Probably the easiest way of doing automatic switch off is with relay logic. In the diagram, the box marked RL1 is the coil, the 2 in the coil box tells you there are two sets of contacts somewhere on the circuit, operated by this coil. In this simple circuit, it's easy to see them!Sw1 is a momentary push switch. When it's pushed (contacts closed), voltage from In is applied to the coil so the relay operates. RL1/1 (the first set of contacts on RL1) closes and applies power to Out. RL1/2 closes at the same time and shorts out Sw1, maintaining power to the relay coil. So Sw1 is a push to switch on and the circuit is a relay bistable - bistable as it has two stable states, on and off.
There are lots of ways of doing this type of switching and the diagram below shows but one
This system is the way many of 4QD's controllers are powered, though this particular circuit is most like that of the 4QD series. It is essentially a switched current source feeding a zener diode which acts as a stabilizer. The current though the zener is monitored by one of the transistors that switches the current source so that as the output voltage gets overloaded (so that the zener current falls to zero) the circuit switches itself off.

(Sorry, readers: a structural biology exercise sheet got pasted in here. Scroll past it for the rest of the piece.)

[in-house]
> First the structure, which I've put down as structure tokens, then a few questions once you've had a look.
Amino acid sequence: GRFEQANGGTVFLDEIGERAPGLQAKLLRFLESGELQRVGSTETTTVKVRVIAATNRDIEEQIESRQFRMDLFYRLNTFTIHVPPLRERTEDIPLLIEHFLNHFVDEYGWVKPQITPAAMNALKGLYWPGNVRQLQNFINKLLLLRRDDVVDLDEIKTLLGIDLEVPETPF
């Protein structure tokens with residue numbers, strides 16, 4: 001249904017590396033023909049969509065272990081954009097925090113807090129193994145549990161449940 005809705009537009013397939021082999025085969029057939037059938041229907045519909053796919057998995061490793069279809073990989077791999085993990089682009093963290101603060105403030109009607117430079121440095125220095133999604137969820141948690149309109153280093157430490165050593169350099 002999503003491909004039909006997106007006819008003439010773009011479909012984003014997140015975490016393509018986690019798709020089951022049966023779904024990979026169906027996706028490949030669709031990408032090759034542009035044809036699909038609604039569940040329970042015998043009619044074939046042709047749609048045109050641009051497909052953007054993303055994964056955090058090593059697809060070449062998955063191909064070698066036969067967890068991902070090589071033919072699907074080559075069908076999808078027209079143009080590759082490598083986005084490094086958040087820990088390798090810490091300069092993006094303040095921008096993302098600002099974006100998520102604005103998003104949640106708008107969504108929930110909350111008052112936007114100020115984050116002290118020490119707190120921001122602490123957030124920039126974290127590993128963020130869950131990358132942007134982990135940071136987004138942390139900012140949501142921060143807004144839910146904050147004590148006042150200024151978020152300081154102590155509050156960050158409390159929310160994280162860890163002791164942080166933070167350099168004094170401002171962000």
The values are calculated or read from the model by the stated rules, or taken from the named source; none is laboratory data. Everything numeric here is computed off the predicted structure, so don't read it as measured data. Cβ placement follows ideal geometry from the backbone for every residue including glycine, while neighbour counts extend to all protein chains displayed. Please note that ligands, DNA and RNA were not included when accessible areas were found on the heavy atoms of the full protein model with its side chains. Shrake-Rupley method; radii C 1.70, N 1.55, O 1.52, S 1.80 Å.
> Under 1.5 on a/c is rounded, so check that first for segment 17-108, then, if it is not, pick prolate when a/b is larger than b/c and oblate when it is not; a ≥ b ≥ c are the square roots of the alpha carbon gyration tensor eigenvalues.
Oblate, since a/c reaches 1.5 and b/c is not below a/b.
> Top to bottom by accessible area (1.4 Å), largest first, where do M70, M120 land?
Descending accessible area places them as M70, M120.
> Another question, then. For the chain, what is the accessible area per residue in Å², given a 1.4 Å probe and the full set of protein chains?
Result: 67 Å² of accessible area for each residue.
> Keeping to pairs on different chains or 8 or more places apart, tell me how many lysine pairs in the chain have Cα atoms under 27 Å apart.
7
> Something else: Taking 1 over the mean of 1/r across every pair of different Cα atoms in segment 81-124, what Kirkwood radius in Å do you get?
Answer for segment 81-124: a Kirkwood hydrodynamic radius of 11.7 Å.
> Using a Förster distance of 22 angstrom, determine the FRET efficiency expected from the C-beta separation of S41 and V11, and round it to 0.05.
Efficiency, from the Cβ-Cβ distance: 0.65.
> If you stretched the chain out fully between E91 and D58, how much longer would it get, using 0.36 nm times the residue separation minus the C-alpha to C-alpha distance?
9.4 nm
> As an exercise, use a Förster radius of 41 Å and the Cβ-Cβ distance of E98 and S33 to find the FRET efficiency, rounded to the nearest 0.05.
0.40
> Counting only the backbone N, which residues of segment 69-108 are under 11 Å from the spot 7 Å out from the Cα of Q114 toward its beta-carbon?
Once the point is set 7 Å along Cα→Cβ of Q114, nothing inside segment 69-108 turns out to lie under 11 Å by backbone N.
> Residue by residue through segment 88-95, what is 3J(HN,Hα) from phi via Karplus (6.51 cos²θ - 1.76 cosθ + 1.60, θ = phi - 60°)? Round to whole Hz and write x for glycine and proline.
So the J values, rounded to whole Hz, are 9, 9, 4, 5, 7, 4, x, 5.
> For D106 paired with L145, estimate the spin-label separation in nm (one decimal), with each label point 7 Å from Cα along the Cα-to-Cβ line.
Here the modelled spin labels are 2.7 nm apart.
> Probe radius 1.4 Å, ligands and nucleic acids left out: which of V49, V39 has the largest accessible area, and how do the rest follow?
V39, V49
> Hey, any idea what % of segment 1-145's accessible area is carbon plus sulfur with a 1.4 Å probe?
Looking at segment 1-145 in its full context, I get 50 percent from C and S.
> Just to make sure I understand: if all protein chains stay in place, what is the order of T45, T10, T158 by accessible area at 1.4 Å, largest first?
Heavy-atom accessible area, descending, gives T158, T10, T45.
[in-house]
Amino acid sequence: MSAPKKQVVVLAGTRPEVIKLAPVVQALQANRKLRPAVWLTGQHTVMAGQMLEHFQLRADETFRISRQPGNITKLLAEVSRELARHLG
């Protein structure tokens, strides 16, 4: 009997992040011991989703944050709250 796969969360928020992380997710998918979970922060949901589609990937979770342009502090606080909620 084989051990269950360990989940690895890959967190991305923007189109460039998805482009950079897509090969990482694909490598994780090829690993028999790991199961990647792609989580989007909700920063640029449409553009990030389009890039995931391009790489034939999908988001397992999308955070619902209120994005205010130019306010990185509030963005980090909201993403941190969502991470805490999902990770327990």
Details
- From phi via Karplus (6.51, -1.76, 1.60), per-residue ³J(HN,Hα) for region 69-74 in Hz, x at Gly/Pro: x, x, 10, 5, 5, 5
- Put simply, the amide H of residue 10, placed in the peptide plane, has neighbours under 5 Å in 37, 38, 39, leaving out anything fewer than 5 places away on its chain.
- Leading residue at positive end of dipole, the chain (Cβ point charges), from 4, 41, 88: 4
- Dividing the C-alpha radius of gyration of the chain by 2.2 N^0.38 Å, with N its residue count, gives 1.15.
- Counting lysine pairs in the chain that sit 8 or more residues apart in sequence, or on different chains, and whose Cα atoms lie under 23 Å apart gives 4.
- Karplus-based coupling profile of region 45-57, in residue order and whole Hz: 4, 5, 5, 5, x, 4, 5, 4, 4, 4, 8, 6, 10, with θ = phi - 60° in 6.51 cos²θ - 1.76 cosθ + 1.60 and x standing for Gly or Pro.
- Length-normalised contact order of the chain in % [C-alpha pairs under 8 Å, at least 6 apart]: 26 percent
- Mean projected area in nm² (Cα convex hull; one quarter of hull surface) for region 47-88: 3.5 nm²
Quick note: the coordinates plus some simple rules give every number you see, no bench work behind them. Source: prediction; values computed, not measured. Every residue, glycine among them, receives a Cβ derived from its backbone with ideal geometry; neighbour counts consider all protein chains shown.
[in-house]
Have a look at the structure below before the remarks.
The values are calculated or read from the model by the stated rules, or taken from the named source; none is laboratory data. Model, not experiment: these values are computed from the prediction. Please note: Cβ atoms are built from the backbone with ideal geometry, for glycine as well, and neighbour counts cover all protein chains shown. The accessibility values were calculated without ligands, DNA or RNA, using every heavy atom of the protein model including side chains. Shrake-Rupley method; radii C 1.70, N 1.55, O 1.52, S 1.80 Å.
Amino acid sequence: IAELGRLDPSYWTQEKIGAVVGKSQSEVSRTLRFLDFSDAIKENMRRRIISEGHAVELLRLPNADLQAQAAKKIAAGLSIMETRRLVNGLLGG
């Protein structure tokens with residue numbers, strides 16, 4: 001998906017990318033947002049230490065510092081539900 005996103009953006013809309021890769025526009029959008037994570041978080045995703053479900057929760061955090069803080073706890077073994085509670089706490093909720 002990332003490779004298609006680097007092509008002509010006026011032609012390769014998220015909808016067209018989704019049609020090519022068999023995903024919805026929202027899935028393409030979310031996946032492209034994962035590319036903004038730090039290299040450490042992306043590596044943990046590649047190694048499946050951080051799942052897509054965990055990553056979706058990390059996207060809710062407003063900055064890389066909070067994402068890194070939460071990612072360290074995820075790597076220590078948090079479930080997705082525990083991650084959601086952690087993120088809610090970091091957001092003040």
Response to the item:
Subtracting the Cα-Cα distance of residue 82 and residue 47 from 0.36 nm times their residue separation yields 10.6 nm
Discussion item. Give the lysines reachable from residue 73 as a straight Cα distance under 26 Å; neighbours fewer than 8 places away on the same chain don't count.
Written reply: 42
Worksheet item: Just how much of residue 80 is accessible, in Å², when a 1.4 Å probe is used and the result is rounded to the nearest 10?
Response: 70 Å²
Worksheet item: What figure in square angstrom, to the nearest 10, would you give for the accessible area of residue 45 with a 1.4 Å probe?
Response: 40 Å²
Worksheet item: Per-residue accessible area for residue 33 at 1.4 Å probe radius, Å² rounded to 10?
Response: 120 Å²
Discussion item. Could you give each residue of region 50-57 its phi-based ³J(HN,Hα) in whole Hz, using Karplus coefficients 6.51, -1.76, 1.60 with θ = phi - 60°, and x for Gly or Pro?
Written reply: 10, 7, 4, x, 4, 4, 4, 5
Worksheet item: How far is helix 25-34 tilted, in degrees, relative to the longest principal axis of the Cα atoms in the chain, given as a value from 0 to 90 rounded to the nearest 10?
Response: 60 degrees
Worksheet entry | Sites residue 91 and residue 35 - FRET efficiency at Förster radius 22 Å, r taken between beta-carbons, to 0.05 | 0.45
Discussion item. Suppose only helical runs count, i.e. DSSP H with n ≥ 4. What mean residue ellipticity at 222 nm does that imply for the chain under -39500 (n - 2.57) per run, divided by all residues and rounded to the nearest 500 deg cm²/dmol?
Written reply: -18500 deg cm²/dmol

There is more information including a discussion and component values in the 4QD-TEC members area page. There is an article on site on two transistor regulator circuits. The third of these circuits is a bistable regulator. As often happens when thinking of one circuit, another idea pops into mind. The switching on and off arrangement in the above circuit can also apply to this regulator, and the circuit below illustrates this idea.
As in the above circuit, the series pass transistor is arranged as a current source: this is not always necessary. The regulating zener is here returned to the emitter of the transistor, which has a resistor present. This shuts off the current fed to the series pass transistor so that it conducts a variable amount to maintain the output voltage. The current source is then a current limit (which is why it can, optionally, be removed.